The first new cases emerged from the pub after two patrons tested positive following a visit on July 3.
Cases have since spread to other areas including Sydney’s CBD, Parramatta, the Hills District and even Bateman’s Bay on the south coast.
Eight cases in all are linked to the Batemans Bay Soldiers Club, and Bega MP Andrew Constance, whose electorate covers Batemans Bay, said people are concerned given "a couple of hundred" people visit the Batemans Bay Soldiers Club every night.
With significant outbreaks at both the Soldiers Club and the Crossroads Hotel, Professor McLaws said they could act as a “super spreading opportunity”.
“Most of the cases seem to be associated with clubs and sadly I would be thinking of requiring people to wear a face mask or face shield – but it’s not why they go to clubs, they go to talk, eat and drink,” she said.
“But they are the focal point for people to meet – particularly in outer suburbs and regions. The social venues are an important part of life and seem to have been in the middle of July, a super spreading opportunity because the virus loves people having social times inside.
“You would have to think about shutting them down for a week.”
Professor McLaws said venues should start by shutting for a week as that is as long as the average incubation period.
“It’s not the social venue that causes the spread, it’s the people coming with the infection to socialise in that spot. If you take that away from them and they stay at home and you don’t give them an alternative, there’s less of an outbreak,” she said.
“People who go to clubs regularly know a lot of people and are hyper-connected socially.”
3. Increase coronavirus testing
With testing ramped up in Victoria to identify and trace coronavirus cases, Professor McLaws says NSW will also benefit if more people in the state come forward.
She says more public health messages are needed to encourage testing, including at the end of TV advertisements for allergy and cold medication.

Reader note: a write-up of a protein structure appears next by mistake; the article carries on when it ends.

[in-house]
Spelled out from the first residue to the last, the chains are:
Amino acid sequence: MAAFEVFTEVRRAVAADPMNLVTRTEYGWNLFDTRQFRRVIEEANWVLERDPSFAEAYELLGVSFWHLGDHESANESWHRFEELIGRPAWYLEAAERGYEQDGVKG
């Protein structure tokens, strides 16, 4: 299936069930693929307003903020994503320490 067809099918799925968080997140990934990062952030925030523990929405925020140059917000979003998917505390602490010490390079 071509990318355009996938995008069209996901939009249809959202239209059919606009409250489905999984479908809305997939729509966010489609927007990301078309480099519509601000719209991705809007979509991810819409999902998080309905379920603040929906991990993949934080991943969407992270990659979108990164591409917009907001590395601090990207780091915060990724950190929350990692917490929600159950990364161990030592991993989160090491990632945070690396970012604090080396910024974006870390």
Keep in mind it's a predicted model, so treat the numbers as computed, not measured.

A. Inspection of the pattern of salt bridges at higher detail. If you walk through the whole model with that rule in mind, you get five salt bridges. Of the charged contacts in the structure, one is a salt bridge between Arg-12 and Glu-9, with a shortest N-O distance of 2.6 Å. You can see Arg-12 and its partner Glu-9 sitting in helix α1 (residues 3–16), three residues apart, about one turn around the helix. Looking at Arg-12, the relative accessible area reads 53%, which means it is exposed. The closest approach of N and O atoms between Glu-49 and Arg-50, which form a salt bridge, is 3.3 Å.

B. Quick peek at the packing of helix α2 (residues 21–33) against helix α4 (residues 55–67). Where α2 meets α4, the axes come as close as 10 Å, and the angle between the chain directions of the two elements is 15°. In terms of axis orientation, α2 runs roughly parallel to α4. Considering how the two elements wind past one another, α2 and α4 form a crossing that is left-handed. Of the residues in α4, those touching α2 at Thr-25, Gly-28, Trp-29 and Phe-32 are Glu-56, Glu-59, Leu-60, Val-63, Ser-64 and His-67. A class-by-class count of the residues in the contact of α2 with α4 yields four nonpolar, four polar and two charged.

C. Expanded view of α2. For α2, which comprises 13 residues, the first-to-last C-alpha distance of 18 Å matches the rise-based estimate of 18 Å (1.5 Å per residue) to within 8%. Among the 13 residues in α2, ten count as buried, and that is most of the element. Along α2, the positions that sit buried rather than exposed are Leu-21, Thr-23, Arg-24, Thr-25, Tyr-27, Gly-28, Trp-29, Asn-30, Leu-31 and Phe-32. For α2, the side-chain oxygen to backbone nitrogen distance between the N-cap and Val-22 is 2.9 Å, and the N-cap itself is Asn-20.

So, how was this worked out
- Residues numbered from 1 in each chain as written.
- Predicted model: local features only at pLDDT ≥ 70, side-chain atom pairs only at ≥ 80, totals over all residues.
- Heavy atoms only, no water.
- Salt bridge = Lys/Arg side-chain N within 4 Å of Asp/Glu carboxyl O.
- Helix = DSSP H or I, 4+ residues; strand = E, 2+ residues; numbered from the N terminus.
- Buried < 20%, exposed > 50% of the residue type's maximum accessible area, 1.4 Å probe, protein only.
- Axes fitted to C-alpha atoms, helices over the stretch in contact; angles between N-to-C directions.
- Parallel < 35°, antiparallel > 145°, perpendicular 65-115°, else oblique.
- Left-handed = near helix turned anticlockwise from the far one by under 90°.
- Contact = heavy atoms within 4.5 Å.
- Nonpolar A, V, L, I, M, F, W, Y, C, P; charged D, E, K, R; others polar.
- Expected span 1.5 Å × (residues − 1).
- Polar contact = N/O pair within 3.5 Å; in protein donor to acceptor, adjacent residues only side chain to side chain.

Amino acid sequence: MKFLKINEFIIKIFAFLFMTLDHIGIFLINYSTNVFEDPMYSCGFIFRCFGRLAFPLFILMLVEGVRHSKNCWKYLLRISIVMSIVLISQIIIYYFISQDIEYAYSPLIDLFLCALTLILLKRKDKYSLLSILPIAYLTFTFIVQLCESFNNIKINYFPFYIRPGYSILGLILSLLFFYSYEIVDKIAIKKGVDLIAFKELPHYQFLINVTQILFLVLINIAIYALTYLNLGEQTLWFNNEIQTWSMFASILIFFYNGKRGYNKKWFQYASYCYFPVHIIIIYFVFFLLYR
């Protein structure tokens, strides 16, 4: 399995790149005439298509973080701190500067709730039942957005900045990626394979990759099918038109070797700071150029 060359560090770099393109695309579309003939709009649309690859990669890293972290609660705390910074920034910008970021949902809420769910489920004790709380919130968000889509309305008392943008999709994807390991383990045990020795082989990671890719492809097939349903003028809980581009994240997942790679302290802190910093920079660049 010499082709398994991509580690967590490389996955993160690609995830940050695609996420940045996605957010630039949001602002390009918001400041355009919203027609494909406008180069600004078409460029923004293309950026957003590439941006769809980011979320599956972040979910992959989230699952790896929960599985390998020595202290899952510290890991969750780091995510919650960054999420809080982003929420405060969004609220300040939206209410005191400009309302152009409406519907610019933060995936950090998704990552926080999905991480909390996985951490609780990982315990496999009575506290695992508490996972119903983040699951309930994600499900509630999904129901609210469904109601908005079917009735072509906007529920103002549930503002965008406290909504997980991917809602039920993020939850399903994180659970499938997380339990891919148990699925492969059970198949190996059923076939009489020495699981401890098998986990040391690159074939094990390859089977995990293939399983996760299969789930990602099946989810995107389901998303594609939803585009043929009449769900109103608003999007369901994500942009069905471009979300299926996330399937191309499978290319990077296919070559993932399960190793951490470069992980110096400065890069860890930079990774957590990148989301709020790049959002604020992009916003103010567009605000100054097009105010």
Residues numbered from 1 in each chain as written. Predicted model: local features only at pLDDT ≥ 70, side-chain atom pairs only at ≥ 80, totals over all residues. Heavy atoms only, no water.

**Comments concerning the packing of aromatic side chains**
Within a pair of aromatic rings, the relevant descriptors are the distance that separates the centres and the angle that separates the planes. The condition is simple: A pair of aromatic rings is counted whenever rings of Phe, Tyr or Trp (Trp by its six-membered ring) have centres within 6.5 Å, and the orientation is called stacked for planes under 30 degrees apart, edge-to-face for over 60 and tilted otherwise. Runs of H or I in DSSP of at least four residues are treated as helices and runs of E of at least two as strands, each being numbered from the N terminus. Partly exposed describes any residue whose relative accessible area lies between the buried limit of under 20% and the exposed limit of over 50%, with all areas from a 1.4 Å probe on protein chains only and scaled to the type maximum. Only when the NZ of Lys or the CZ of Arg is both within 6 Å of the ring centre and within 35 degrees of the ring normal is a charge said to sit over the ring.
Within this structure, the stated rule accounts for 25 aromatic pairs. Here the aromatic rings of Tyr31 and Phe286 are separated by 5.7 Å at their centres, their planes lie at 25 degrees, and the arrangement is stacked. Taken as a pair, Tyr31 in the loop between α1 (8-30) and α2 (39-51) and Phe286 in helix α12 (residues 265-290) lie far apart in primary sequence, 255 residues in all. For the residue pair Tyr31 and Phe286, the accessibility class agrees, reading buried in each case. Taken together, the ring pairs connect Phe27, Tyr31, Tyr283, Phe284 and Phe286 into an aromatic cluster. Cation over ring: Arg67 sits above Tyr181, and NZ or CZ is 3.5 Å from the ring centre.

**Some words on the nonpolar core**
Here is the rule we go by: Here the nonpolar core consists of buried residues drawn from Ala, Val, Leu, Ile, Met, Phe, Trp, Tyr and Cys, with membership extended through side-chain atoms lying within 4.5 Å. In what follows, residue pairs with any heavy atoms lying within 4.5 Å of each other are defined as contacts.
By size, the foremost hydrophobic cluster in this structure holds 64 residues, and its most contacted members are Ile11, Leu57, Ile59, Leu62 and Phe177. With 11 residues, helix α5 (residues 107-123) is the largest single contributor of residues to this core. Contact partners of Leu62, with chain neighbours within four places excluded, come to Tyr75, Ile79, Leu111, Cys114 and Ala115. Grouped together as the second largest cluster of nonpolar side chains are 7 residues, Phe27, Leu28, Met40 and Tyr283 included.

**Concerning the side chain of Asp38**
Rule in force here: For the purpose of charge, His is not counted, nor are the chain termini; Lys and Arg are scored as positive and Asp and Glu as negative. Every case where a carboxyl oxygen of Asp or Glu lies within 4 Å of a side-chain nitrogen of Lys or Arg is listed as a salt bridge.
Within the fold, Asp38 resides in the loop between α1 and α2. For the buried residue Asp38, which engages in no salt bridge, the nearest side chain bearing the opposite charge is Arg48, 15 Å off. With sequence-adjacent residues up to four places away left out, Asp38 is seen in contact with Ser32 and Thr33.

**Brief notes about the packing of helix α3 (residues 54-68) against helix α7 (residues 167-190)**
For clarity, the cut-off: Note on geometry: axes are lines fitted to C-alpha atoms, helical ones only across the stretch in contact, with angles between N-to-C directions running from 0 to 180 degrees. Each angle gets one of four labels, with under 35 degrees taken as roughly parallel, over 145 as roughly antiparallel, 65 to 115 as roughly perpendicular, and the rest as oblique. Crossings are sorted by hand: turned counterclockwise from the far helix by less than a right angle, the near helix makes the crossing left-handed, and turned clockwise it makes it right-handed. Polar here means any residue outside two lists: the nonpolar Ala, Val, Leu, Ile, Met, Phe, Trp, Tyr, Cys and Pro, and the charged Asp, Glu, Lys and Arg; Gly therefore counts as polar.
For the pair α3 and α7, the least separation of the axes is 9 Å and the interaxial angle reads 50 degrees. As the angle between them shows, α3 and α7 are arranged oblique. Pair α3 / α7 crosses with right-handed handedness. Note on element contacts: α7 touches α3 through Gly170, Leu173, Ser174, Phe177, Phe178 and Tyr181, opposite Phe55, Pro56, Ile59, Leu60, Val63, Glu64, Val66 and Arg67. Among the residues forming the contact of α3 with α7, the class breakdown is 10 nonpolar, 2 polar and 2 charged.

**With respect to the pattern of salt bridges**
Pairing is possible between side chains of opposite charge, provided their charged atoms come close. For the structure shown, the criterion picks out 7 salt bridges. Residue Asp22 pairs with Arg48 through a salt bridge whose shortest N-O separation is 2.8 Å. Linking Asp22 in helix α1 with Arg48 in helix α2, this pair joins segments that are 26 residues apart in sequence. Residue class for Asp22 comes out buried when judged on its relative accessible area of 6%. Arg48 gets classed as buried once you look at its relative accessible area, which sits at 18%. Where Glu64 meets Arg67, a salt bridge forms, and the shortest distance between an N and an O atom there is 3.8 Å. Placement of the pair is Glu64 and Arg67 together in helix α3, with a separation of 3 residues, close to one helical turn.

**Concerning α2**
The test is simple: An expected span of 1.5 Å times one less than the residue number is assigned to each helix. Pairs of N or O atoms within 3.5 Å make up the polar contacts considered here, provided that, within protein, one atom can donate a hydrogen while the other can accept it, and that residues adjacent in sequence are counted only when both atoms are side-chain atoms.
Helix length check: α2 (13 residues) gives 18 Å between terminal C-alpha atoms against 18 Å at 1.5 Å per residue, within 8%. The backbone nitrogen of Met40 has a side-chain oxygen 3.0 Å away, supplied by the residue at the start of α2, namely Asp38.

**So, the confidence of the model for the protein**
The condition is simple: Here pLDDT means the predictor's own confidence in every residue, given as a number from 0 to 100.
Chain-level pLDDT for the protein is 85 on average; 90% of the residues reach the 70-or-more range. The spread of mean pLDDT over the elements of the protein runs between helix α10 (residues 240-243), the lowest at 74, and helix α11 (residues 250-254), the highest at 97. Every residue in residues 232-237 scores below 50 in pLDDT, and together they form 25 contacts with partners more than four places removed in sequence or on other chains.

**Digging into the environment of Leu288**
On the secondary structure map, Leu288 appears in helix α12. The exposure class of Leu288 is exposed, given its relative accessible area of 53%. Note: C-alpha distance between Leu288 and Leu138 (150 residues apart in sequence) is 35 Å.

“Each of those at the end of the ad should say, ‘go and get tested’,” she said.
“By all means take the [medications] to reduce symptoms, but go and get tested. You can sneeze, you can have an itchy throat and cough but they can be mild [coronavirus] symptoms that people can ignore and think are normal.
“Those ads are normalising this and need to have a final communication that says at the end, ‘go and get tested, go and see a health provider, ring up this number’.”
Is a second lockdown in NSW likely?
Professor McLaws said as NSW reaches alert level, those are the three steps she would put in practise to keep the state out of lockdown.
“Even if we keep numbers down people are still going out there, sitting across from friends not a metre and a half away, talking louder and pushing more particles out of lungs while inside for more than a few minutes,” she said.
While she is concerned the numbers over the past two weeks are hitting what she perceives to be an alert level, she believes a lockdown can be prevented.
“They could instead do things like mask-wearing and encouraging people if you are going out in public to wear a mask. That should suffice if they act fast,” she said.
“If [cases] continue to rise and the alert level multiplies by two fold or one-and-a-half fold, that suggests to me they’re not keeping a handle on the second generation of cases and then may have to go into lockdown.
“If everyone has to wear a mask in public regardless of hotspots, then I don’t think we’ll need to think about lockdown.”